This guest post comes from Patrick Bijsmans, Maastricht University.
A few weeks ago, many of you visited the ISA conference in Montreal. Unfortunately, I couldn’t attend myself, but I was able to read up on some of the many interesting discussions on teaching and learning that you seemed to have had. Indeed, this blog and others (I also shamelessly promote our own) are my go-to places for learning about and engaging with such discussions, just like I always attend dedicated teaching and learning conference panels and days (for instance, during the annual UACES conference) and enjoy attending teaching staff professionalisation workshops here in Maastricht. In fact, I coordinated and organised quite a few of those before taking on my current role of associate dean for education in September of last year.
The value of these forms of exchanging experiences and ideas cannot be overestimated. In fact, I think that they should even be emphasised and pursued much more in a time in which teaching and learning seem to be gaining importance in academic careers in at least some places. For instance, in the Netherlands universities are now starting to implement a programme called Recognition & Rewards, which is all about valuing different academic careers (read more about how this is being implemented at Maastricht University here).
At the start of this year, I had my best exchange experience so far. I was fortunate enough to be able to spend two full weeks at the University of Leeds on an Erasmus+ mobility grant. Leeds has embarked on an ambitious programme that I wanted to know more about, called ‘Curriculum Redefined’. But I also used the opportunity to shadow my friend Simon Lightfoot, who’s in a similar position as I am, but has much more experience than I do.
Those two weeks have been among the best and most inspiring of my time in academia. I talked to many students and colleagues from a whole range of disciplines, attended super interesting events and workshops, and hosted two workshops on problem-based learning myself. I learned a lot and brought home many new ideas on issues such as assessment, decolonisation, and the hidden curriculum. But it also became clear again that the grass is not always greener on the other side; not only do we encounter similar challenges, but sometimes the solutions for these challenges back home are not that bad at all.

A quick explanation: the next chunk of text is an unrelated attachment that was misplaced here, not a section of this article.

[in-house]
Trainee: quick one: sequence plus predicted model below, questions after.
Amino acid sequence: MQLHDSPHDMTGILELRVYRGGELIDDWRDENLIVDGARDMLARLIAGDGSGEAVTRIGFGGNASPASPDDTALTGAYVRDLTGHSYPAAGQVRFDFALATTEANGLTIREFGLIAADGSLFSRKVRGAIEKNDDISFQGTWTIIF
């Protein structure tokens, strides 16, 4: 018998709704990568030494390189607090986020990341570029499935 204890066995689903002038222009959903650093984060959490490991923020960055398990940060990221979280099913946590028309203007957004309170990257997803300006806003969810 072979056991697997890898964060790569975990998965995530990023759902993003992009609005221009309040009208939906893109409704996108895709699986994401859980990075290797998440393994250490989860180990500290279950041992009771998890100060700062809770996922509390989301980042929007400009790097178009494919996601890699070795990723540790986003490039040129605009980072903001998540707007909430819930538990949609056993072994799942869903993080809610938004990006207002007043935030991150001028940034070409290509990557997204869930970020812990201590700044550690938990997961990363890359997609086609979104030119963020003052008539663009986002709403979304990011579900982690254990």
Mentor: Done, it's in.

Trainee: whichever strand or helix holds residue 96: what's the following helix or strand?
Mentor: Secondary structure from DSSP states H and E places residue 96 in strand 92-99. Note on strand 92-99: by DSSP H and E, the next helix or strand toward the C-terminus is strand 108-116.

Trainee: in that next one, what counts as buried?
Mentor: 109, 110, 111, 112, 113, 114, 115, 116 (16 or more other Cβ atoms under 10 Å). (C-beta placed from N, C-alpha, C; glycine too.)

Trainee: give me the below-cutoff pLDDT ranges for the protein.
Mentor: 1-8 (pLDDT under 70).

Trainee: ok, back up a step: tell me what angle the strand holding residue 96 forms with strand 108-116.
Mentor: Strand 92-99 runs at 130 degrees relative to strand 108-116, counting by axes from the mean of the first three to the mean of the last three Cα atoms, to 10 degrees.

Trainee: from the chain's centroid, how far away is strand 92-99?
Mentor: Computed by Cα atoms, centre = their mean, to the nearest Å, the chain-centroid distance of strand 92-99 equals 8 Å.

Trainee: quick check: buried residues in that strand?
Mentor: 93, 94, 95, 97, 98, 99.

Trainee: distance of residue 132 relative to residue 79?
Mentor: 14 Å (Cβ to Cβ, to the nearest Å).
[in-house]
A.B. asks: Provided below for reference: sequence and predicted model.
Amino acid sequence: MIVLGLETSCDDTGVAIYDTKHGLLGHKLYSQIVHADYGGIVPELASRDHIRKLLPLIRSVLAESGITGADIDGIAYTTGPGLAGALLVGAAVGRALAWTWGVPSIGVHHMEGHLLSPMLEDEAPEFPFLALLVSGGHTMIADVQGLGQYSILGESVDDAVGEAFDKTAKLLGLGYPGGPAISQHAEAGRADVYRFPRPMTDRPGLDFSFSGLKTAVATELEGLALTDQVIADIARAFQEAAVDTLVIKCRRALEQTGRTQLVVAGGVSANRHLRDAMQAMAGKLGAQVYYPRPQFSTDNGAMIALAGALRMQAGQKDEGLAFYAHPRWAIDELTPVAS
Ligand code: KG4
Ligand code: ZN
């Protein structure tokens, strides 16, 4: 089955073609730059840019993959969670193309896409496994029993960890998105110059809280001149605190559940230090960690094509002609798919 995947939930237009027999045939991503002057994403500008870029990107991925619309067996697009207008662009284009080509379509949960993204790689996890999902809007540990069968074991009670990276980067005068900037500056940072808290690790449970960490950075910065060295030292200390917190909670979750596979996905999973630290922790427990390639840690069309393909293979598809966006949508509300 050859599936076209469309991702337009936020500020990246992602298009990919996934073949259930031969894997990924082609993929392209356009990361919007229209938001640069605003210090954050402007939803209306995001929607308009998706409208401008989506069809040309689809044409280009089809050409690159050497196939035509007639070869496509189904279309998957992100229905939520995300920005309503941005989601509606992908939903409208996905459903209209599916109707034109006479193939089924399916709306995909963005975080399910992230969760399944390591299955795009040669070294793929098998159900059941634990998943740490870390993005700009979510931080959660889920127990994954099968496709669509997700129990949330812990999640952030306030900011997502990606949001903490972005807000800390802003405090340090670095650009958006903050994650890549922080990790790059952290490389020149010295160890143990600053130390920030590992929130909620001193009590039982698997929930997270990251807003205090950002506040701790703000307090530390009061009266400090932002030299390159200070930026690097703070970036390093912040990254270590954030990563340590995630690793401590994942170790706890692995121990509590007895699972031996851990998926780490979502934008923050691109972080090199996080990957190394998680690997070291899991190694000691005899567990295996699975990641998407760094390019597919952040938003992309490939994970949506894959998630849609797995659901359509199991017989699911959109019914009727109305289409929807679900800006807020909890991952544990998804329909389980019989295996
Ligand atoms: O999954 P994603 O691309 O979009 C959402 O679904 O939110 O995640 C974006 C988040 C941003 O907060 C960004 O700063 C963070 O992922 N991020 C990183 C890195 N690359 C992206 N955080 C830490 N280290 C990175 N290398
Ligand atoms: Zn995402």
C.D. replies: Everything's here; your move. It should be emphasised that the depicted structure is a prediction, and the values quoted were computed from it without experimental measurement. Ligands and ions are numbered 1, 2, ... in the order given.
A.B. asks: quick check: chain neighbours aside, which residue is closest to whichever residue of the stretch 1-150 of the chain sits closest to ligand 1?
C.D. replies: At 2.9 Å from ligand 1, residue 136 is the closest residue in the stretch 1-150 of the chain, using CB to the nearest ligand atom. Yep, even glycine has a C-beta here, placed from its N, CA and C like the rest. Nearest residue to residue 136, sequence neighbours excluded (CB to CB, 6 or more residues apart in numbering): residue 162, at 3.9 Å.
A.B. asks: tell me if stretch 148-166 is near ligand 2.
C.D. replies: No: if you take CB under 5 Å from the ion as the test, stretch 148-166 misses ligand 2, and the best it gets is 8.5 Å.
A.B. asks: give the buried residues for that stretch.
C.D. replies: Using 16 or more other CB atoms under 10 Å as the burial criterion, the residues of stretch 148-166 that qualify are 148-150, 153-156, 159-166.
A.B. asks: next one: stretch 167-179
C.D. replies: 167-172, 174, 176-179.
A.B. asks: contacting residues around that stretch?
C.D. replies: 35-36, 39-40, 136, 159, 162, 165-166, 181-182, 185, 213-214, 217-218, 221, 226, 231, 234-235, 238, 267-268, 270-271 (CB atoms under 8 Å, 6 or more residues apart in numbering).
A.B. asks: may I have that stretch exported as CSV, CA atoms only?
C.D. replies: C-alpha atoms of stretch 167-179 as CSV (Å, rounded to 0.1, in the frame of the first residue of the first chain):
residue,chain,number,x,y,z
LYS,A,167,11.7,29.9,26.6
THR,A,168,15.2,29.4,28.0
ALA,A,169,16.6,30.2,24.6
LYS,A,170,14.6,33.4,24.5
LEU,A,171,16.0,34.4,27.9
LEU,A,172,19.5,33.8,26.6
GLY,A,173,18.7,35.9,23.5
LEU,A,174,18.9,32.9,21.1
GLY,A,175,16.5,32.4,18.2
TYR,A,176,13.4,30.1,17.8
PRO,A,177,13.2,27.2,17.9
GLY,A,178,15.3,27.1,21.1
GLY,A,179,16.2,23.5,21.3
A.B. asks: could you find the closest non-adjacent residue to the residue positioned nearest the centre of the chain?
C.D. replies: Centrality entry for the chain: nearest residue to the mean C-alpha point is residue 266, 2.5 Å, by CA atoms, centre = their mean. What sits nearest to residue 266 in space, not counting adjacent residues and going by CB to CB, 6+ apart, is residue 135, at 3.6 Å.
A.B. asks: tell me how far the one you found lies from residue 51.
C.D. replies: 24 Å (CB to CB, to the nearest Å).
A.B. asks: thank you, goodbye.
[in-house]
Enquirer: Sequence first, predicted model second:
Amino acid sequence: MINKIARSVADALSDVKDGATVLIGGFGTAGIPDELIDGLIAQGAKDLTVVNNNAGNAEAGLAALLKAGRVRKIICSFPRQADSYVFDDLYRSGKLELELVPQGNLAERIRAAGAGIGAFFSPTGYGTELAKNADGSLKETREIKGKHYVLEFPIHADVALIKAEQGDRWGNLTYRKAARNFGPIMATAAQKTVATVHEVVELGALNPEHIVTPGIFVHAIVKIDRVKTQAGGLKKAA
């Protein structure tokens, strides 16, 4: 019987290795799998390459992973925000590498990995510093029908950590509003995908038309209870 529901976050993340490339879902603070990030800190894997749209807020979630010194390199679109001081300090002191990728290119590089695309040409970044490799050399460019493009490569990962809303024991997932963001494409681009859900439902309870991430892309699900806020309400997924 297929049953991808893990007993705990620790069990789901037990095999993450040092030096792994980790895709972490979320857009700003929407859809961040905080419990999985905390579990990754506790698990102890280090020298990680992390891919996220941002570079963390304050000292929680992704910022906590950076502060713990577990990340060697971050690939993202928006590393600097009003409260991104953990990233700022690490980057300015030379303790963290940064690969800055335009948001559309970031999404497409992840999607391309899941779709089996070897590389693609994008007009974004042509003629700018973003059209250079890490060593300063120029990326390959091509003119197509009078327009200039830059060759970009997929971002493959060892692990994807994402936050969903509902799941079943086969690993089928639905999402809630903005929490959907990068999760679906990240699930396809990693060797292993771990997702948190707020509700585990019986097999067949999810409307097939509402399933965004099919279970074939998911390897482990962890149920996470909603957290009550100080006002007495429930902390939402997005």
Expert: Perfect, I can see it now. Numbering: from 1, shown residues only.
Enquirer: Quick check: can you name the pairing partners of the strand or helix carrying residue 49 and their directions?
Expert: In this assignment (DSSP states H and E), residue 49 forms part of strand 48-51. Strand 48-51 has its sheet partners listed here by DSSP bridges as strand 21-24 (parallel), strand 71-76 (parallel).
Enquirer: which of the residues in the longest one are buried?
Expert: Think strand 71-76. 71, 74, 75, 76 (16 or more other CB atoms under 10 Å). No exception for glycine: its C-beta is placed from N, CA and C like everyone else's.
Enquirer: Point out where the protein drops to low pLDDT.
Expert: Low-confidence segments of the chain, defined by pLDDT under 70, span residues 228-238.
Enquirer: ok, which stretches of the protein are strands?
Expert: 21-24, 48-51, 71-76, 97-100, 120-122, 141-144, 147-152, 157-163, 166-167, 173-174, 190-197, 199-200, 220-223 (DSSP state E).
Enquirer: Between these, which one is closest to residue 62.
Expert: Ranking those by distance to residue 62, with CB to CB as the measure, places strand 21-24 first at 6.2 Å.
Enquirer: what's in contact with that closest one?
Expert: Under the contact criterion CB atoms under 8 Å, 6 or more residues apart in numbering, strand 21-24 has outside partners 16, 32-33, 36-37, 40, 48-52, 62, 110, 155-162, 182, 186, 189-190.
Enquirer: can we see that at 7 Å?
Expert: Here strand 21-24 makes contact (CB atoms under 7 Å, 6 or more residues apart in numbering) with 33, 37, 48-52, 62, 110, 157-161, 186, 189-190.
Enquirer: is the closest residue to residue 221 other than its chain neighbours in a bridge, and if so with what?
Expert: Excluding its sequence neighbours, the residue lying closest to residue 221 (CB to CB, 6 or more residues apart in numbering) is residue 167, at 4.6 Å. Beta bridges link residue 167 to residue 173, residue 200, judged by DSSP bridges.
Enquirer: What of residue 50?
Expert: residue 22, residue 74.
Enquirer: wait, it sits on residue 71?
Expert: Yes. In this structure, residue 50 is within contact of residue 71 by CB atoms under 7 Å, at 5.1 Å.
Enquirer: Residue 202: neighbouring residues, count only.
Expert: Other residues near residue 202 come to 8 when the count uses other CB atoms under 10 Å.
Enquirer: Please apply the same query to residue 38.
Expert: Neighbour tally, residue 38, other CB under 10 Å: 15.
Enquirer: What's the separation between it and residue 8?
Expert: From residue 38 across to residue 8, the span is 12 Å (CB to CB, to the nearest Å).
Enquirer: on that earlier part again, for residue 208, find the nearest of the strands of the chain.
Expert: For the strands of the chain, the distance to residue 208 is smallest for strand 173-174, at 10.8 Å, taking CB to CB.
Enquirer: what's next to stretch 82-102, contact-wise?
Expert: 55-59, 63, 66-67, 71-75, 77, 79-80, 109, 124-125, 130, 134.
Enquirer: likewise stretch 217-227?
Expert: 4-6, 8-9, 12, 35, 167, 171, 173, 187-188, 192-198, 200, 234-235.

I also was reminded again that words matter and that a sense of belonging is important, for students and teaching staff. In fact, one of my key take-aways is the need to “find your own people”, as a participant in one of the workshops put it. I think that this blog is one way of doing so, just like attending teaching and learning events and workshops. Yet, when it comes to developing and reflecting upon your own experience nothing beats spending a little bit more time in another place.
I have already decided that I want to do more of this. I’m not quite sure yet how to finance it, but, ideally, I’d want to spend one week at another university each year. Perhaps connect these visits to conference attendance? Frame it in the form of a project? Something that I will still have to explore further.
But in my experience, it is equally rewarding to welcome colleagues here. Just the other month, Christopher Huggins visited us from the University of Suffolk to learn more about Maastricht University and problem-based learning. We had many interesting discussions and I’m looking forward to contributing to an online Suffolk event in July to continue those discussions.
In short, while I may not be stating anything new to the converted teaching and learning geeks who read this blog (‘my own people’), do feel free to view this post as an invitation for you to get in touch to see if we can arrange a visit to Maastricht!